Hodgkin and Huxley felt that they could not be sure that they understood the ionic basis of the action potential until they could reproduce its shape with these equations. Kacy told me that Alan and/or Andrew had expressed to him their reservations about whether or not they would achieve this goal. After having chosen the form of the equations to be used, they consolidated all of their data to find the appropriate voltage sensitive rate constants. Then, because the Cambridge Univ. computer was "off the air for 6 months or so, while it underwent major modifications", in the spring of 1951, Huxley began the slow work of using a Brunsviga 20 manually cranked calculator with numbers entered by a set of adjusting levers (projecting from the wheels that were rotated by the hand crank). The output was a line of digits on the wheels to be read and transcribed to paper. First, he found that the time and voltage-sensitivities of the ionic conductances could be reproduced. Then the long process of numerical integration of the action potential began. Tabular records of the rate and state variables were entered into the the levers and transcribed from the dials for small increments of time. Huxley used a tedious iterative, error-correcting, numerical integration method to estimate and correct for numerical integration errors. The fact that the whole process for calculation of a 5mS interval, showing the initiation of and recovery following an action potential, could be accomplished in 8 hours is astonishing. The calculated action potentials were - with the exception of a small "gratuitous bump" late in the falling phase - excellent reproductions of the experimental observations under a variety of conditions.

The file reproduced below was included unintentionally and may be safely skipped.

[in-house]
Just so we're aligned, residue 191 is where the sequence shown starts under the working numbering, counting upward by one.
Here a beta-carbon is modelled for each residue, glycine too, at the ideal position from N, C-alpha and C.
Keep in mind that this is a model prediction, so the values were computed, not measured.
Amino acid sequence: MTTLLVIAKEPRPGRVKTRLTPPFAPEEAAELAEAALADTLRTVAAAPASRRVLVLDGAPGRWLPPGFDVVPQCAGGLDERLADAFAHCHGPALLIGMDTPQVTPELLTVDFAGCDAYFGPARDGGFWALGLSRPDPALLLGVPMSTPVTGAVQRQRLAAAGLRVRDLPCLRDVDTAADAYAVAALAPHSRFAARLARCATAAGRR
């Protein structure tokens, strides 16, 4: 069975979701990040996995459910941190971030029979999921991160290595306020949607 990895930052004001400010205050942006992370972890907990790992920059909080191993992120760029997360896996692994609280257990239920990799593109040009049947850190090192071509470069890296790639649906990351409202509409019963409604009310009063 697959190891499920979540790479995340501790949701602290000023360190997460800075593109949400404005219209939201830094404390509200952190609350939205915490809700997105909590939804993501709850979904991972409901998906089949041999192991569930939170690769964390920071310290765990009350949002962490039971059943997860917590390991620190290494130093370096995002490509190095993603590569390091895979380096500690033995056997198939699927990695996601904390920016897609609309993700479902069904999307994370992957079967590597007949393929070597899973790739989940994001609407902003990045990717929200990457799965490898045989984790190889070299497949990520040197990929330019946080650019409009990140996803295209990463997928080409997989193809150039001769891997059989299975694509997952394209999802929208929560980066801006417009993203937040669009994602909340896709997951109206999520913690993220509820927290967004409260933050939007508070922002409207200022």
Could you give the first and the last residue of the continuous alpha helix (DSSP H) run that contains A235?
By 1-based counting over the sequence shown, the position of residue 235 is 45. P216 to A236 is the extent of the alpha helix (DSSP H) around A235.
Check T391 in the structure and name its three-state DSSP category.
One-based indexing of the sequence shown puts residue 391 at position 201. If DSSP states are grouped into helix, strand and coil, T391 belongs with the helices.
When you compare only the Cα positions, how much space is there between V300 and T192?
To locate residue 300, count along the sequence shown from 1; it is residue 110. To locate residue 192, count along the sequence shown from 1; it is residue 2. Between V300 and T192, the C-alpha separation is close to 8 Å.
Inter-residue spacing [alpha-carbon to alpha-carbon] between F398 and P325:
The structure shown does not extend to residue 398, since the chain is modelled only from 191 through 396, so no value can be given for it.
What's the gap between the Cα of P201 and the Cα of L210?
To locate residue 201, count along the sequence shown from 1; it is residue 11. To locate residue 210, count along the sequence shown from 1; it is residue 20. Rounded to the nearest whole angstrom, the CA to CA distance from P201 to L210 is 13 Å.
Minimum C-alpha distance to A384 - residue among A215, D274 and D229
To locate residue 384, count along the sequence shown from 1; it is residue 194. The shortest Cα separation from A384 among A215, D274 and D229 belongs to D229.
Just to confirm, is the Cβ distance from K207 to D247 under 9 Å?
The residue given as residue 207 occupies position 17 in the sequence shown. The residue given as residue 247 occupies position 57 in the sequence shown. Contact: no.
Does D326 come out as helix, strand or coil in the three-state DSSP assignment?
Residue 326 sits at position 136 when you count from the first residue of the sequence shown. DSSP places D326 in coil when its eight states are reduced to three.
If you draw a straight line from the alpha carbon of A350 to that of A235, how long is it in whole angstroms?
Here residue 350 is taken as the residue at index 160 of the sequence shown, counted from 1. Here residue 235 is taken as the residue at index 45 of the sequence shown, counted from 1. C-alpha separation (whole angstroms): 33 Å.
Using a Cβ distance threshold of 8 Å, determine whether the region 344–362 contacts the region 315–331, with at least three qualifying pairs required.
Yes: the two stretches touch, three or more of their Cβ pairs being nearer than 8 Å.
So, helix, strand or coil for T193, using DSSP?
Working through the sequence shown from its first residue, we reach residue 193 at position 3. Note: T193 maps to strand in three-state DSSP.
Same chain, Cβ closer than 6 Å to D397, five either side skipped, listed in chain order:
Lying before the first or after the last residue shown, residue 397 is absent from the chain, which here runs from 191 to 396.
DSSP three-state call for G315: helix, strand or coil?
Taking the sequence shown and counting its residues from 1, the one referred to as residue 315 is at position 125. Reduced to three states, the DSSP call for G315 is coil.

This monumental accomplishment was not only tremendously gratifying to H & H and won for them a Nobel prize, but has stood as an outstanding example of how to tackle such problems. It is also a remarkable achievement that the HH equations have not been replaced in the intervening four & one-half decades but remain the default standard equations used for simulations of the squid axon and also the usual form in which equations for other cell membranes are cast.
Even more astonishing than the calculation of a membrane action potential
for a uniform patch was that Andrew was able to use these equations to
extract the velocity of impulse propagation in an axon of uniform diameter.
Although it was essentially impossible to solve the partial differential
equation describing propagation in time and space, he was able to cast
the problem into an ordinary differential equation for a traveling wave
as shown in Cole's Fig 3.49 (in Membranes,
Ions, and Impulses).
The velocity of 18.8 m/sec he found was very close to that observed experimentally (21.2m/sec) and serves to this day as a solid known reference standard which one can use to test any program used to simulate propagation of HH impulses.
Alan and Andrew sent galley proofs of their spectacular papers to Kacy, then Scientific Director of the Naval Medical Research Institute (NMRI). As the sole professional in his lab at the time, I made additional calculations from their equations and plotted them out by hand. Thus I was one of the first to experience the awe aroused in readers of these papers.